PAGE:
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The School Readiness Gap For decades now, educators, researchers, and policymakers have puzzled over so-called achievement gaps—the disparities in academic performance by race and ethnicity that consistently show up on standardized tests, grade-point averages, and a host of other measures. The No Child Left Behind Act seeks to narrow these gaps by mandating standards-based tests in elementary, middle, and high school, and holding schools accountable for raising scores not just overall, but among racial and ethnic subgroups. A growing body of research, however, suggests that any serious effort to eliminate disparities at the primary and secondary school levels must also address what some researchers call the school readiness gap—the variations in academic performance and certain social skills among children entering kindergarten and first grade.
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The “Data Wise” Improvement Process The package containing data from last spring’s mandatory state exam landed with a thud on principal Roger Bolton’s desk. The local newspaper had already published an article listing Franklin High as a school “in need of improvement.” Now this package from the state offered the gory details. Roger had five years of packages like this one, sharing shelf space with binders and boxes filled with results from the other assessments required by the district and state. The sheer mass of paper was overwhelming. Roger wanted to believe that there was something his faculty could learn from all these numbers that would help them increase student learning. But he didn’t know where to start.
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What Does Effective PreK Teaching Look Like? The new requirement that preK teachers in New Jersey’s Abbott districts hold a bachelor’s degree is based on the assumption that this credential makes a difference in the quality of instruction a teacher provides. Experts differ on whether a bachelor’s degree by itself can make someone a better teacher. But a number of studies have pointed to specific benefits of the degree when it is combined with specialized instruction in early childhood education.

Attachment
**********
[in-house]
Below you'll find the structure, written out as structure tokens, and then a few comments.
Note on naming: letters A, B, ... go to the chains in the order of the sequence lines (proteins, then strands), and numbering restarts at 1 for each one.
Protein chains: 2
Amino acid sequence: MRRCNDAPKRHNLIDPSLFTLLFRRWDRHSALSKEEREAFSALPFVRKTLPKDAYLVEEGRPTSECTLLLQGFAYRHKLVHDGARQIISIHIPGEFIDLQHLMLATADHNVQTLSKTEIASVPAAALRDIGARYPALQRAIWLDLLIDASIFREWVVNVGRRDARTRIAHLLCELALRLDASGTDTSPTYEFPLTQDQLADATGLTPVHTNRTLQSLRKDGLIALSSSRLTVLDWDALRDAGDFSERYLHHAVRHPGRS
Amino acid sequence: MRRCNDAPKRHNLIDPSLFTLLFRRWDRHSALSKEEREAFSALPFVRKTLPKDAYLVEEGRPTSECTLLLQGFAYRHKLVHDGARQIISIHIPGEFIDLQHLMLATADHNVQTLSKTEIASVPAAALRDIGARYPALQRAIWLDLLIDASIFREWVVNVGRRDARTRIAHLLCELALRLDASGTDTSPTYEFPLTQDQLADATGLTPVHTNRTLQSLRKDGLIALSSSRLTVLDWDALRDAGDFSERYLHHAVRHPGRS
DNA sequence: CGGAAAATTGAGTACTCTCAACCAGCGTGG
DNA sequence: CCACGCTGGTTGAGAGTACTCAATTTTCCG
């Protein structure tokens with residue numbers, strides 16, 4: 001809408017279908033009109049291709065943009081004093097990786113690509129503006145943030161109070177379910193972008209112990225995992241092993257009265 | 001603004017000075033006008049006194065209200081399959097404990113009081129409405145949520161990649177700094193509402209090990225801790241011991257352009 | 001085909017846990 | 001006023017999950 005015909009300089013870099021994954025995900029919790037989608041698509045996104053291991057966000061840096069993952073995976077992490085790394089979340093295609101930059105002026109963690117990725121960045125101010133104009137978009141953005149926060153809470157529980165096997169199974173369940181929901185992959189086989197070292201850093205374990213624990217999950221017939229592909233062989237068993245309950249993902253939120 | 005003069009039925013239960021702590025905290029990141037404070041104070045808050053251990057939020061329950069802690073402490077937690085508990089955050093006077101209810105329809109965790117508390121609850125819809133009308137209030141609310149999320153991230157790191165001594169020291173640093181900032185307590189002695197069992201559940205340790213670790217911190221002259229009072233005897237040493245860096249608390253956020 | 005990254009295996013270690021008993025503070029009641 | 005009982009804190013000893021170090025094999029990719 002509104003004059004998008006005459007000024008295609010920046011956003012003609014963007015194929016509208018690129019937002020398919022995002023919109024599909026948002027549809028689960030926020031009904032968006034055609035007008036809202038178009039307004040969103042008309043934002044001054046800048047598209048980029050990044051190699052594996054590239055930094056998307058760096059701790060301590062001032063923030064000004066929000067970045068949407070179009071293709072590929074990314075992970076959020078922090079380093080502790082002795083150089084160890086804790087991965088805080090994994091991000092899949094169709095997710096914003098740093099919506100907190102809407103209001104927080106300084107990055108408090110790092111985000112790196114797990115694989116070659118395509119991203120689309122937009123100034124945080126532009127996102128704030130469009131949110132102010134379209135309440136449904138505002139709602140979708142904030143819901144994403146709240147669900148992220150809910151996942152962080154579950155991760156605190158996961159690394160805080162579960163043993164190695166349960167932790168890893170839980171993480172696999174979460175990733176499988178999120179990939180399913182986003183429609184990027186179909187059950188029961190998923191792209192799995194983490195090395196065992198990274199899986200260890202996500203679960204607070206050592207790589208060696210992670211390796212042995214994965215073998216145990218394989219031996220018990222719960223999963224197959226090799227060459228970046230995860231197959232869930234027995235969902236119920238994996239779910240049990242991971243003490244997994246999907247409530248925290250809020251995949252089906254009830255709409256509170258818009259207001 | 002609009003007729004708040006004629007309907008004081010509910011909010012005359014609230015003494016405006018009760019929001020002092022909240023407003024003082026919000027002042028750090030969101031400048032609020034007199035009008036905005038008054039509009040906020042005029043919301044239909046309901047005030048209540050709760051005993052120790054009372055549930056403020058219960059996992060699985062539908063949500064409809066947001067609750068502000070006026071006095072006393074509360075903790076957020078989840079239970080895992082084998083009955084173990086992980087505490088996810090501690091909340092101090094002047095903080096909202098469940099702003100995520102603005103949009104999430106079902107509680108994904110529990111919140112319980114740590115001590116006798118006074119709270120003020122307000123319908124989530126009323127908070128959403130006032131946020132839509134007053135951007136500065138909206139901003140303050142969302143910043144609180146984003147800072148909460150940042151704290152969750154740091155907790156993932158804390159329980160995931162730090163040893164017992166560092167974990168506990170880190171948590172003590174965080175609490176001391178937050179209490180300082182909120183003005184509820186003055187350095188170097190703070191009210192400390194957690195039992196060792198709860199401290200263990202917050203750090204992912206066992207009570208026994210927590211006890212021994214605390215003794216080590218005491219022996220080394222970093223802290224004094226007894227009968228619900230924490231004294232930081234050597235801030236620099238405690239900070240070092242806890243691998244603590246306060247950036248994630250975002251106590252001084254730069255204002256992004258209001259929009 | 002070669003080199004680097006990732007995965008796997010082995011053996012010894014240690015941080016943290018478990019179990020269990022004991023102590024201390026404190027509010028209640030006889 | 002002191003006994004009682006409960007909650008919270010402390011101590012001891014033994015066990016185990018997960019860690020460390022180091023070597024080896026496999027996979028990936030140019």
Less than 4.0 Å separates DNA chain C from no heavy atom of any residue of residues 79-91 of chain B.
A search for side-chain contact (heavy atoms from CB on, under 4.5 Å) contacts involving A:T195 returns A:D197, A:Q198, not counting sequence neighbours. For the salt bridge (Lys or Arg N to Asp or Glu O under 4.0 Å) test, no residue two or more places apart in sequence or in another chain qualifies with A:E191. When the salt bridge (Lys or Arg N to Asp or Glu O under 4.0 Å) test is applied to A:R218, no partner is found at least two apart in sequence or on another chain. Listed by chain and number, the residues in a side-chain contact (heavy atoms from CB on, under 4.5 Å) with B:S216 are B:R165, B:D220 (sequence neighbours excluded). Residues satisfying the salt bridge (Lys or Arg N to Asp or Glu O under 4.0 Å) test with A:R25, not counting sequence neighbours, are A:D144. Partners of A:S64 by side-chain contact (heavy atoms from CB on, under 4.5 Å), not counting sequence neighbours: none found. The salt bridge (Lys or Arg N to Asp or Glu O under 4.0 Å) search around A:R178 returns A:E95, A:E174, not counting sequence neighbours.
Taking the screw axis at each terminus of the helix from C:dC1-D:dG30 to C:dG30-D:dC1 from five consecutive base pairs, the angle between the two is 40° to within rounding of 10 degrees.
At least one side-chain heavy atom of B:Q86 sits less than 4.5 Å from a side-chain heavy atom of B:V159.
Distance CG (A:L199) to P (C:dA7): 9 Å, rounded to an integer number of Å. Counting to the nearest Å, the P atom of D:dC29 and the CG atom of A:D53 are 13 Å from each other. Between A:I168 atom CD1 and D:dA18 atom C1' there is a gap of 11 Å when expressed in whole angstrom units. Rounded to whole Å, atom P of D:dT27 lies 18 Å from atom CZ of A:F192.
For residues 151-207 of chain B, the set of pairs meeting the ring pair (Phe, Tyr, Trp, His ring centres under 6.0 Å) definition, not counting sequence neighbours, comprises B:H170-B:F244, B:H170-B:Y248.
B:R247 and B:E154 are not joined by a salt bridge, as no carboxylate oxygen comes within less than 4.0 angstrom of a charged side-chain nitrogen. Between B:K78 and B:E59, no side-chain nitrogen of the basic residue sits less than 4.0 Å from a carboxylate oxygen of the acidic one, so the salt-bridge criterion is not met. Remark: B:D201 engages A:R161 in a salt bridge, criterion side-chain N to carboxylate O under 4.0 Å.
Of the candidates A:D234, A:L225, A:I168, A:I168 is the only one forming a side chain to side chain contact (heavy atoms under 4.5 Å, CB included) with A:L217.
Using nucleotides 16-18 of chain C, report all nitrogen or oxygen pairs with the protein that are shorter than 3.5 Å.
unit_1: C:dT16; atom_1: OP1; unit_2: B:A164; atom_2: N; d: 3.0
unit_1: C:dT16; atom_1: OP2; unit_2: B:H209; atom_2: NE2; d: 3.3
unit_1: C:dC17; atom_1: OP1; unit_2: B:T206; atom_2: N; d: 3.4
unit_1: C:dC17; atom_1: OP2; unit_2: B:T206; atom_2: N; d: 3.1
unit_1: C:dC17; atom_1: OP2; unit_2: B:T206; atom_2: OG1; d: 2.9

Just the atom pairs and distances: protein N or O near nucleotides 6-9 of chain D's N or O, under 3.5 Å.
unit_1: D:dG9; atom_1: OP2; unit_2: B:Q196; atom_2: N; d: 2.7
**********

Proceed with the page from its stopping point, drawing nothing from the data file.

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Bridging the PreK–Elementary Divide: Concerns about early achievement gaps prompt programs that link prekindergarten with elementary school Nap time is over, and most of the students in Miwa Takahashi’s prekindergarten class at T. T. Minor Elementary School have put away their sleeping mats and split into two groups. Eight youngsters take seats at a table with their teacher, while nine others gather around an instructional assistant a few yards away. It’s time for one of their favorite daily activities: Plan-Do-Review.
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Three Promising Initiatives: From "Bridging the PreK–Elementary Divide" States and districts throughout the country are experimenting with innovative approaches to preschool and its relationship to early elementary education.
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High School Reform the San Jose Way: It wasn't about testing, says the district's former superintendent Although high school improvement in response to California’s test-based accountability system has generally been slow, the San Jose Unified School District has stood out by showing impressive gains. Yet according to former superintendent Linda T. Murray, the improvement has had little to do with the state’s accountability system.